Facilitating Speech and Language skills at home
Here are some suggested speech activities to try at home:
1. If your child is working on a specific sound, help him/her to become aware of that sound by pointing out things in the environment that contain the sound. Some examples include:
-Go on a scavenger hunt. Find things in or outside of the house that have the child’s speech sound.
-Look through books or magazines for pictures or words that have his/her speech sound.
-When driving, look for things with the child’s sound.
-Play 20 questions. Think of a word or object that has the child’s speech sound. Have the child ask questions to figure out what the object is.
-Play a guessing game. Give the child clues to try and guess what you are describing.
2. When your child is successful saying the sound correctly, have him/her practice saying words with that sound. When the student is able to name words, then practice using those words in sentences. Some ideas include:
-Spelling Search: Have the child search his/her spelling list for words that have his/her sound. Say them aloud.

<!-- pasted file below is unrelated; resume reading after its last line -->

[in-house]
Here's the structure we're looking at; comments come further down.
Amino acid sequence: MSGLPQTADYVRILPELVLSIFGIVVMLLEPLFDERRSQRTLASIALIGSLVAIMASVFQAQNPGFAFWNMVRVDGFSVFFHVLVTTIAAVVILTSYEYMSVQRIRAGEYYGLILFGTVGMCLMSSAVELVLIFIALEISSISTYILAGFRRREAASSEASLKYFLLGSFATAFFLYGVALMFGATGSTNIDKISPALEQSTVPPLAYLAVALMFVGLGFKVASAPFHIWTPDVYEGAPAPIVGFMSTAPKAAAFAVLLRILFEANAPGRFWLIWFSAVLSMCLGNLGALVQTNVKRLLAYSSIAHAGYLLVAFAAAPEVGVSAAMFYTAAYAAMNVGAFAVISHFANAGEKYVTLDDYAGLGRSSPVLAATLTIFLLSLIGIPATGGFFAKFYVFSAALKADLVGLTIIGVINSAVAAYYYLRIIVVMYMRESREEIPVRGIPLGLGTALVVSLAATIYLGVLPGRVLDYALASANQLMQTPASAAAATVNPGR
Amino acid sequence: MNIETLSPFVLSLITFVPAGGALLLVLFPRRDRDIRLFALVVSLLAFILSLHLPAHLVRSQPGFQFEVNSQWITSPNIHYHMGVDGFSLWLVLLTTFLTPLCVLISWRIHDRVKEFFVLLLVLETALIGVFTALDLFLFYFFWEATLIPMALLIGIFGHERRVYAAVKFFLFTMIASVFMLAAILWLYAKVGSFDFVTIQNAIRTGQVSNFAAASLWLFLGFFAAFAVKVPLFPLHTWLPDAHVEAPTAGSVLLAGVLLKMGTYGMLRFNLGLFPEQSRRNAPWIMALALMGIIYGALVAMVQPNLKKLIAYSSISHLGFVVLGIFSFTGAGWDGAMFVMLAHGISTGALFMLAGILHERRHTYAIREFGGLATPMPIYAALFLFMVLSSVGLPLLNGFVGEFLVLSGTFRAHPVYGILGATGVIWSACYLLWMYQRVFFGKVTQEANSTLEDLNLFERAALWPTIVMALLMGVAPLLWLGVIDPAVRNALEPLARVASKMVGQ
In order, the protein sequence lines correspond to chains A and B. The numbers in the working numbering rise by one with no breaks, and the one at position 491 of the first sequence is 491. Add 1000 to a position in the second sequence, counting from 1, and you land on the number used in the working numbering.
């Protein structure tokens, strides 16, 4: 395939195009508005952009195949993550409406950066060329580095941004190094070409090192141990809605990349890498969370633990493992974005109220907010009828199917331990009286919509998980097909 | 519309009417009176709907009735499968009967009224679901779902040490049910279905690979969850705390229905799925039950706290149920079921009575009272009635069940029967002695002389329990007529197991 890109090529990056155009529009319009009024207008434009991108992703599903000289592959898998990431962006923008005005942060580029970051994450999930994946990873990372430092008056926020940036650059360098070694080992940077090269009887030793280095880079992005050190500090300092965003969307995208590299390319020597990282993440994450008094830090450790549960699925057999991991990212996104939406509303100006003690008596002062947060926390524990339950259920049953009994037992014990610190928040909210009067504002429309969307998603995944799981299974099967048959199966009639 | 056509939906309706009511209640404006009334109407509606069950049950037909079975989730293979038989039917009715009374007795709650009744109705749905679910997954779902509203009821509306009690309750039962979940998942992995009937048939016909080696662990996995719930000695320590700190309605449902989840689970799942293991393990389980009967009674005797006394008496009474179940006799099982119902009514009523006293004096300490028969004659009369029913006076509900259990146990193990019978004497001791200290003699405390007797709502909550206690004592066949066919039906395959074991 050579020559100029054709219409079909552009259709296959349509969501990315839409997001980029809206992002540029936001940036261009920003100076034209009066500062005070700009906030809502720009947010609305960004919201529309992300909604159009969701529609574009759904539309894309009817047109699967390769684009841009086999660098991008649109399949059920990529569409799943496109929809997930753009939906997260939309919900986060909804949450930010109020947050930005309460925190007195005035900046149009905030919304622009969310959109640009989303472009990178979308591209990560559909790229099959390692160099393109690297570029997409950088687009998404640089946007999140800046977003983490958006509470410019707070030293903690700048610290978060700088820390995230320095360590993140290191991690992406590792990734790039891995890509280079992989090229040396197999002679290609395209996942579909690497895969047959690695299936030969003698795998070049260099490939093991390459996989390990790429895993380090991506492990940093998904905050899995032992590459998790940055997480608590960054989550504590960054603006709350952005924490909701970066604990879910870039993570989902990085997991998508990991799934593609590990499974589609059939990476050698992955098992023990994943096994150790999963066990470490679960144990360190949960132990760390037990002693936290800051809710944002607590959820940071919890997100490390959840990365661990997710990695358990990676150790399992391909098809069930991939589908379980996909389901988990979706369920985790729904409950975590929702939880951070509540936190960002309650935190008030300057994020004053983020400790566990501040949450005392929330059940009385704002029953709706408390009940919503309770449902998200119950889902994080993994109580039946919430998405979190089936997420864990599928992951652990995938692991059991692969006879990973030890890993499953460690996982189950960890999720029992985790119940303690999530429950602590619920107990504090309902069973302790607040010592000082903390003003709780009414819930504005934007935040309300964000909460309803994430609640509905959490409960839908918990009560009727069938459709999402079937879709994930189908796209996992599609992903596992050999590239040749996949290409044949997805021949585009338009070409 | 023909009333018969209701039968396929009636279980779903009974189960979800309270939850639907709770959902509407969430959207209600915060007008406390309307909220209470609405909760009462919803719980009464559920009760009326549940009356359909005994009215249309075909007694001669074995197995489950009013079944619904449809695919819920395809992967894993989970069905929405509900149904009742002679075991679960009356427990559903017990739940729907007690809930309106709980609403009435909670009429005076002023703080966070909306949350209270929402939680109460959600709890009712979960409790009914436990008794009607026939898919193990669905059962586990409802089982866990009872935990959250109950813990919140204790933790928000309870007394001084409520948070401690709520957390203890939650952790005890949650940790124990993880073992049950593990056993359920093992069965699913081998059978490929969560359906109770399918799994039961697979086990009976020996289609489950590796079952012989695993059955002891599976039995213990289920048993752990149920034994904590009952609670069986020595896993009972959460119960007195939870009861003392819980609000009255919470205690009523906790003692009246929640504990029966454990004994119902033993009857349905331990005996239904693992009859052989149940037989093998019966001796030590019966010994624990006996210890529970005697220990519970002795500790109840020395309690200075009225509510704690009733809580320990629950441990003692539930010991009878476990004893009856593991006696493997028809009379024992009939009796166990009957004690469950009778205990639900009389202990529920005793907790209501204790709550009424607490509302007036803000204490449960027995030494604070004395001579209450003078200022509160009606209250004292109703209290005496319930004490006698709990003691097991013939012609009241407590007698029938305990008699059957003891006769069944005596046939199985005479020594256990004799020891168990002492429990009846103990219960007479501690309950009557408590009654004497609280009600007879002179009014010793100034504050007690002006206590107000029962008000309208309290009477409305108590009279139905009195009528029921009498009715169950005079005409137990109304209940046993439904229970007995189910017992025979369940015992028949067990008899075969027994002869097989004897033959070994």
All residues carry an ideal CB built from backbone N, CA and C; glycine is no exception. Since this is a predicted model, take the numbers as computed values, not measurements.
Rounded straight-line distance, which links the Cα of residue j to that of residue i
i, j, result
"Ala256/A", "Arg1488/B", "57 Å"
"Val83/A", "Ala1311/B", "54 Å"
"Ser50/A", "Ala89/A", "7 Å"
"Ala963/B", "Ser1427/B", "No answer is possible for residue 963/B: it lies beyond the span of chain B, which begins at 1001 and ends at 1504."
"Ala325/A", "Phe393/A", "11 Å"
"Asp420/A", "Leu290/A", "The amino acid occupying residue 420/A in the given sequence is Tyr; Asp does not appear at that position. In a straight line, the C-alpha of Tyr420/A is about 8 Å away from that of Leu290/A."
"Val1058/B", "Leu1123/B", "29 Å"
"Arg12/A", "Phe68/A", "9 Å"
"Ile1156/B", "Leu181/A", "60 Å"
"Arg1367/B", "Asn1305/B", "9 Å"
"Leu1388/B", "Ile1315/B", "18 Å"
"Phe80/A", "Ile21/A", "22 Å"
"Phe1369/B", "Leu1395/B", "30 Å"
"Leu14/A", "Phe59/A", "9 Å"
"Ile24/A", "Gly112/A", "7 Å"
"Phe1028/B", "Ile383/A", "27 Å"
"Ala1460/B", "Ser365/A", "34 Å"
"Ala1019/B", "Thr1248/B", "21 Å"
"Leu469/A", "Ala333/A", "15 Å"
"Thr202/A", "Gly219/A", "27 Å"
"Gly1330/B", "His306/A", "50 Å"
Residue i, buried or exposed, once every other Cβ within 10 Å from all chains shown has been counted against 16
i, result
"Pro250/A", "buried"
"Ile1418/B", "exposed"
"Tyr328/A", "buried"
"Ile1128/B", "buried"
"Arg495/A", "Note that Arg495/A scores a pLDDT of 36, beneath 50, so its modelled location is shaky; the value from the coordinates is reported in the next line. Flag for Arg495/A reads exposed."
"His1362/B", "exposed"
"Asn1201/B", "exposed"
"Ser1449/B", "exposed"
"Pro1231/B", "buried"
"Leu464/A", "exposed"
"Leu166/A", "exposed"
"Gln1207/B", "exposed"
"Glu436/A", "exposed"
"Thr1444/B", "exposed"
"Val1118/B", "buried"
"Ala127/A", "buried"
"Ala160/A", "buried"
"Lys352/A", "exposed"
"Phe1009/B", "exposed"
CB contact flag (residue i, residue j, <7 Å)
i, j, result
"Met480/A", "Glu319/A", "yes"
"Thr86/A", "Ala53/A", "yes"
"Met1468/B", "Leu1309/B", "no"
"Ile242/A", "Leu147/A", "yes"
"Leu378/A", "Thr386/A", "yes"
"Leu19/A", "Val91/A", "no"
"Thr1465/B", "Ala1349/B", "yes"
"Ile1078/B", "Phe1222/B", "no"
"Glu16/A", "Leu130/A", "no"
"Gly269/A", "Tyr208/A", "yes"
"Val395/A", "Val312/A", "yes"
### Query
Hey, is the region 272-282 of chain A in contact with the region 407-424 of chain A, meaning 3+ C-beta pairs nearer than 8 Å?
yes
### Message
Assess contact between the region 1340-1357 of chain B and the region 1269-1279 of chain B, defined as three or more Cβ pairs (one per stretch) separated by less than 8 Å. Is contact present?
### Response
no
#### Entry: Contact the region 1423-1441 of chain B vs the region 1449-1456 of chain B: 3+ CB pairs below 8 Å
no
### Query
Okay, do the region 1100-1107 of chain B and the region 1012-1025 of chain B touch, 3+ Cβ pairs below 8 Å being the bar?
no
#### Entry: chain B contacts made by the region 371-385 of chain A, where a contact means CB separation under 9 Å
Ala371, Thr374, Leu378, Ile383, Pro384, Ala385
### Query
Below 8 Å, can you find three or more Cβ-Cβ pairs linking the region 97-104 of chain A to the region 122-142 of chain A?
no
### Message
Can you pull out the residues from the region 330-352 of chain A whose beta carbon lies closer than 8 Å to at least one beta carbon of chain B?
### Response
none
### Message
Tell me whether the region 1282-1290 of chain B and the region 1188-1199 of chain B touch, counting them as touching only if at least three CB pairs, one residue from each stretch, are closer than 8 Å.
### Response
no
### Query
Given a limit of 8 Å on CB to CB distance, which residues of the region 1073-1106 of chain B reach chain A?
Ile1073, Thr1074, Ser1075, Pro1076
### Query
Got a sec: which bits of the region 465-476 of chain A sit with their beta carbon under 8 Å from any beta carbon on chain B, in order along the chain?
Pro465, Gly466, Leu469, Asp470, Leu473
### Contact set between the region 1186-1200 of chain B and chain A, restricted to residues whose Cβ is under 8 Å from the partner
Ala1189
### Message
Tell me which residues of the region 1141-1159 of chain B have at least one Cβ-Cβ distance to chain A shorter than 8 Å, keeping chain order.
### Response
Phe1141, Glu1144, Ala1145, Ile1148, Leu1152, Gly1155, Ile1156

-Create sentences with two or more words that contain your speech sound.
3. When your child is able to say his/her speech sound in words and sentences, have him/her begin to practice reading aloud using the sound correctly. This can include reading from his/her library book or reading the directions on a homework page.
4. Encourage your child to use the sound correctly for short periods of time during the day. Can your child carryover good speech every time he/she says a sibling’s name? a favorite food? a favorite tv show?
5. Encourage your child to use these sounds in conversational activities. These could include using correct speech sounds during a meal time or when going over homework.
Games and book ideas to encourage language skills:
Play games, such as:
-Guess What/Guess Who (What an animal is orange with black stripes?)
-Category games (name as many animals as you can)
-Play "Simon Says". Start out by giving one step direction, such as "Touch your nose." and then work up to harder ones, such as "Touch your knees and then clap your hands."
-Ask your child to name or point to pictures on the page
-Have your child describe what is happening on each page.
-Ask various WH questions (who, what, when, where, why, how do you know) about what is happening on the picture page and what may happen next.
-Sequence or retell the story with a beginning, middle, and end
Have fun conversations about daily activities! Ask questions that are open ended, such as "Tell me the best part about your day."